I am not shy about reimbursing whatever is legal, but messing with the IRS freaks me out. Maybe our taxes shouldn’t be so high, and maybe I am paying $24,000 for government toilet seats. That truly sucks. But the last thing I need is 15 red-necktie, blue suiters storming my house, demanding to see my fabulous, expensive, office skylight, which is not there.

And yet…I owed a lot of money this year. So, maybe?

I looked a little harder for business expenses.

I hated that New Tax Guy thought I was a chump because I did not really research the financial and legal implications of working for myself. He was right, I was a chump, and I should have thought more about that aspect of business. Now, I will literally pay for not having foresight.

If not outright lying, fudging seemed like an option.But I kept seeing business people swinging through the front windows on government-issue rope, smashing out the glass all commando style, and that dark fantasy tempered my temptation.

In the end, I had to stop an think about integrity.

The word means something to me now, a result of being in New Warriors for many years. I think of integrity as keeping my word, being honest about my feelings, telling a friend when I am pissed off at him. But integrity exists in the smaller details, too, small white lies like cutting off other drivers, and whether or not I cheat on my taxes to save a few bucks.

I don’t like integrity much on the days that it costs me money.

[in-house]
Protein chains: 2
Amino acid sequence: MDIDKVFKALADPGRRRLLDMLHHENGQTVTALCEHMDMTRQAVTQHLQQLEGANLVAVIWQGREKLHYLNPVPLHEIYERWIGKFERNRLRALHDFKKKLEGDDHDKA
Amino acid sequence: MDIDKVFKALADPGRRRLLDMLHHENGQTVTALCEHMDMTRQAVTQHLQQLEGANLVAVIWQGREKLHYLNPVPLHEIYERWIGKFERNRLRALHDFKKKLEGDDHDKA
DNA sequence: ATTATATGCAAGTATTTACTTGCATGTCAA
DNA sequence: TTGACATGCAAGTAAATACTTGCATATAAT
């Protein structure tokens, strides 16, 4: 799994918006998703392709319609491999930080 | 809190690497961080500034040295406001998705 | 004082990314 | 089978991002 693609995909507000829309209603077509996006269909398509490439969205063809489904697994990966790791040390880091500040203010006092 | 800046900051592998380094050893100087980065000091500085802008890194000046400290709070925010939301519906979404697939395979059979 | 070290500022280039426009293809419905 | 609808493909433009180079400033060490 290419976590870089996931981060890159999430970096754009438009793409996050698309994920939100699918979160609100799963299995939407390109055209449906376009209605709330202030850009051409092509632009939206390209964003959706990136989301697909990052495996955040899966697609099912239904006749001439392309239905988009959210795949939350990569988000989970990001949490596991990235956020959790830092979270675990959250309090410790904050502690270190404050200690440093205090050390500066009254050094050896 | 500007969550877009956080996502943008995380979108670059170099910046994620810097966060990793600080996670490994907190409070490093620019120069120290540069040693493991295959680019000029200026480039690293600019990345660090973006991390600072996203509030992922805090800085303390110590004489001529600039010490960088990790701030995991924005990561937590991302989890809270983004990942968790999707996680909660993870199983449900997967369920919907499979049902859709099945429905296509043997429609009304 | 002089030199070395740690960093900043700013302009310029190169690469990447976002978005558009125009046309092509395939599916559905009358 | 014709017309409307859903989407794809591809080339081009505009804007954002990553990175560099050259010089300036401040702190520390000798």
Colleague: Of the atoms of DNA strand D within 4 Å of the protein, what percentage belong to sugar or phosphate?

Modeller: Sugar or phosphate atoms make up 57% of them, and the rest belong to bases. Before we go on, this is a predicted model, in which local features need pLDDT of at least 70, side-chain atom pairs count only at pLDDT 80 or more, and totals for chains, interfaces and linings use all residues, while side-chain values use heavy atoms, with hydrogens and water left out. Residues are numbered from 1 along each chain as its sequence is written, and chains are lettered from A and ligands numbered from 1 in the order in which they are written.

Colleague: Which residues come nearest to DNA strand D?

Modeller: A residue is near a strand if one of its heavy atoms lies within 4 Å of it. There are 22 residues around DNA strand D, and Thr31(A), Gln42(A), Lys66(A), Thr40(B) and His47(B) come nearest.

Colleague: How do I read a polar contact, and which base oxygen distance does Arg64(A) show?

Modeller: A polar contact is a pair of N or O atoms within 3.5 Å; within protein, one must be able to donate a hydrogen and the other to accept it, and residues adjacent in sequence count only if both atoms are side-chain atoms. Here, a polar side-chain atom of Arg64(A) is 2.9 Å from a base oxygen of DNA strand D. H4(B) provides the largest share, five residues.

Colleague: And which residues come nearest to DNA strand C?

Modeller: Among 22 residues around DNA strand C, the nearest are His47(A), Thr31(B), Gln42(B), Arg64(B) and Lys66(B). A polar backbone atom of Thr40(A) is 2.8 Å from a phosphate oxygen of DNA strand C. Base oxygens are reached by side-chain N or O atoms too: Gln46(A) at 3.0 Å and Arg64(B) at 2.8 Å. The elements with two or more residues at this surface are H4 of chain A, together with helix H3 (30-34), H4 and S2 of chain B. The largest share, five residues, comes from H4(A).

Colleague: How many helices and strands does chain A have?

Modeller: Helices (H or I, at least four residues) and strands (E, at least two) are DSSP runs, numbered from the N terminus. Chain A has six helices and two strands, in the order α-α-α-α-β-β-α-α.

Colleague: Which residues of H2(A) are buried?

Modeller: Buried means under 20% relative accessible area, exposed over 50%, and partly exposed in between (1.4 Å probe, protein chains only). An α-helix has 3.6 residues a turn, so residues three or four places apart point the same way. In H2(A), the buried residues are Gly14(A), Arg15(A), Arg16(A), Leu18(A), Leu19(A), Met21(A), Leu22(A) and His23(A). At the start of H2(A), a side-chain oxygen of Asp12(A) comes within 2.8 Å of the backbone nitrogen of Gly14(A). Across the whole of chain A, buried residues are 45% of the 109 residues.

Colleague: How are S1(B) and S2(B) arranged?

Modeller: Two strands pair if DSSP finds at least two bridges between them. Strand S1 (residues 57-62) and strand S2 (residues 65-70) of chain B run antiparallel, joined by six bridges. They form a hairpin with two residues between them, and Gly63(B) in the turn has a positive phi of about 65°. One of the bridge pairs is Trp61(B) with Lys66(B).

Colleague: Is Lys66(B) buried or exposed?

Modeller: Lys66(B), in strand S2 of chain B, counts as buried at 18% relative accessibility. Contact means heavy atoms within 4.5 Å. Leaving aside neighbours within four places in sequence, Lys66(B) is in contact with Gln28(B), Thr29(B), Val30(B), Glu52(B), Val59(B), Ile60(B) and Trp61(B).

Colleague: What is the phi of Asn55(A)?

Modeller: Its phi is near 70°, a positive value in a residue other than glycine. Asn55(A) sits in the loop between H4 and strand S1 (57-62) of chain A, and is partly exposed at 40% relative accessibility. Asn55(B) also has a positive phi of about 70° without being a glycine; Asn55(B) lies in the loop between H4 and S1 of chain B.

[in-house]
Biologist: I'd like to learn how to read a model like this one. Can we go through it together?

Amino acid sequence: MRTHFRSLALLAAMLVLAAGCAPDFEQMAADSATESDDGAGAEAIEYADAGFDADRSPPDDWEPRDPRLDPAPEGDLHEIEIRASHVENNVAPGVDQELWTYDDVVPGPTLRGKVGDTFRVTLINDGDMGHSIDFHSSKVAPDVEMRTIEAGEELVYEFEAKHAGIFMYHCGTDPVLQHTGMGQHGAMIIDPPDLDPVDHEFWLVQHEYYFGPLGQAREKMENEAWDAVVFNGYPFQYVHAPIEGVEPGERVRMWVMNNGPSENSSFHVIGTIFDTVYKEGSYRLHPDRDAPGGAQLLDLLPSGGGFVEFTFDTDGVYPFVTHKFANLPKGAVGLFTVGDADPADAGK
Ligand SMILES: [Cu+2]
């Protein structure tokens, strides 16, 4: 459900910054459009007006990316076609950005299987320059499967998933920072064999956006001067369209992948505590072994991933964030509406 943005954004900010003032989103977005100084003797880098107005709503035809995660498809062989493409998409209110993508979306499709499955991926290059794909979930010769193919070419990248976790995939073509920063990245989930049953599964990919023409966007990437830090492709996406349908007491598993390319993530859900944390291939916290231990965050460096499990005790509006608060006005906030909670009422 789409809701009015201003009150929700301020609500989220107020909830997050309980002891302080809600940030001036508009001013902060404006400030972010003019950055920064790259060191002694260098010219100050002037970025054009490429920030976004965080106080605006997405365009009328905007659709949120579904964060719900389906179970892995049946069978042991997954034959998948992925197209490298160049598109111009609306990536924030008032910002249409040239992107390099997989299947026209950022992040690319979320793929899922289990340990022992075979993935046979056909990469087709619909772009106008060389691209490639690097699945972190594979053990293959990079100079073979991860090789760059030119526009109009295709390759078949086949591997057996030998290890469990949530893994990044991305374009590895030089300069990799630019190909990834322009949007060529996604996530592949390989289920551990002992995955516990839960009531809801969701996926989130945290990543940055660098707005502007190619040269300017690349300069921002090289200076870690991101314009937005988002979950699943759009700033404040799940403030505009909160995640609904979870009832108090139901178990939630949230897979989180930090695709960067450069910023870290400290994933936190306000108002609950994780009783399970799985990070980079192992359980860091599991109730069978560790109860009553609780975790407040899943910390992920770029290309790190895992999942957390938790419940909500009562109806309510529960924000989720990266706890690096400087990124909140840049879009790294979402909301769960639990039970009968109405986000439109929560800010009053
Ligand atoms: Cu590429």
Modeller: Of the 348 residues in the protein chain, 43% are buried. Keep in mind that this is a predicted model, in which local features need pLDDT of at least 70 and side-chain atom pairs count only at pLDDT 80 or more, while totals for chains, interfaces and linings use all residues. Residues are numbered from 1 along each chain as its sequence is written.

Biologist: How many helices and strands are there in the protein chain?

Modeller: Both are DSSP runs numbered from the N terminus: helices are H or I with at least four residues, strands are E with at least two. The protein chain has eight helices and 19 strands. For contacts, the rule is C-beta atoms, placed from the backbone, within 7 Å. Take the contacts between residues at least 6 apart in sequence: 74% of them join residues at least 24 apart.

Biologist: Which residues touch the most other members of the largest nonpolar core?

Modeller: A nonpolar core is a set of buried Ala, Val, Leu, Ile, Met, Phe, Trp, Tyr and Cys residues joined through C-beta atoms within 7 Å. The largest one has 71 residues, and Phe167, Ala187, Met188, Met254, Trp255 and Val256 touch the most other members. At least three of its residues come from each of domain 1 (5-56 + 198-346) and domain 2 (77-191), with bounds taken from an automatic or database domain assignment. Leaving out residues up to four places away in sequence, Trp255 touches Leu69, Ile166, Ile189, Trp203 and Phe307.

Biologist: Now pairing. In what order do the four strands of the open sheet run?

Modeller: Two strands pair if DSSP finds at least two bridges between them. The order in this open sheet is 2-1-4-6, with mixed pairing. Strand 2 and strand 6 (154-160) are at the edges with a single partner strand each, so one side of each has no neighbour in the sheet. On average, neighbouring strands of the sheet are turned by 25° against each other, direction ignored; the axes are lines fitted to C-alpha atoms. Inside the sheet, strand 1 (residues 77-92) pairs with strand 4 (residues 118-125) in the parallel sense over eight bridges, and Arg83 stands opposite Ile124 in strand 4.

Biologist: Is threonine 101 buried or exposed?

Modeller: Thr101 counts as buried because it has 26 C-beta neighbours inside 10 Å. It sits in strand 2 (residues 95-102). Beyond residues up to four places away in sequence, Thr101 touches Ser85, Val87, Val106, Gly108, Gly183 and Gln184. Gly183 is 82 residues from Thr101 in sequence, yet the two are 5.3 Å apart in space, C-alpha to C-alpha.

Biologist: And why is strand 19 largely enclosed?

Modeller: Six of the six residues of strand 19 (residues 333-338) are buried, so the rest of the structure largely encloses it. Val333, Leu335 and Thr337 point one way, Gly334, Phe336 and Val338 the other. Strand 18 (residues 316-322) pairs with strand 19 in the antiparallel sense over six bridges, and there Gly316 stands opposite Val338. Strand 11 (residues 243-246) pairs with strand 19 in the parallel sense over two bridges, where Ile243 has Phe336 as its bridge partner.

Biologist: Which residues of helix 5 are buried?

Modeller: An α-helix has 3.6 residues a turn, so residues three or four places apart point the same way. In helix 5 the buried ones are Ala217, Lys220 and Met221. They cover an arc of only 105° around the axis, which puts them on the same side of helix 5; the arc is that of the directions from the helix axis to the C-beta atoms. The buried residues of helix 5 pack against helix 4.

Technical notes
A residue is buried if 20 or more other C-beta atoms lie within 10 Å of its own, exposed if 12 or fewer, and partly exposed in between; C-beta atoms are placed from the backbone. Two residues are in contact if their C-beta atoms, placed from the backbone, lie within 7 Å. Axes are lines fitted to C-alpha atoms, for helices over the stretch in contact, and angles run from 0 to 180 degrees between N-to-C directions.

Living with integrity has cost me more than money, sometimes a friendship or two. Some days I don’t care for honesty, usually when someone is being super honest with me. Some days, I want to watch TV and forget about my obligations, being part of a community. But I have discovered I need to be around men who are also working on their own integrity, and women who nurture theirs. I need to be around people who fall on their knees and then ask for help, because I am often weak and fall on my knees, too. Focusing on integrity is not always easy.

I made a decision not to finish my taxes with New Tax Guy.

Nevertheless, I delayed and delayed, waiting until last Sunday to call my Regular Tax Guy, and surprisingly, he could see me this week, so we got together two days before the April 15th deadline. Regular Tax Guy is jovial and smart about taxes. I’m not sure why I thought I should try someone new; I really do want someone I trust. He gave me the bad news last night with the solemn dignity of a funeral director’s explaining that a closed casket service will be necessary after all. Year after year, he handles the good news and bad news professionally and does not think to cheat or lie, because, why would you do that?

That’s why I staff a few times a year, to remember integrity and what changes it brought into my life. I need a refresher course, like tax accountants do every year as they discover tax laws that have changed. FYI, in 2010, the IRS allows you to put up to $3050 into your HSA account, up $50 from 2009.

Regular Tax Guy always regales me with stories of tax returns performed long ago, always omitting names or identifying details, which makes them like urban legends or beloved holiday stories. Last night he trotted out the sad story of the newlyweds who did not calculate their new home tax credit correctly, and received an unpleasant surprise, a tale he tells me every other year. Why did I turn to someone else? What was I thinking?

Last night, I decided to commit to working with him for a long time to come.

I asked him about the S-corporation thing.

“It’s a good idea for you,” he told me. “But once you do it, you’ll have to find someone else to do your taxes.”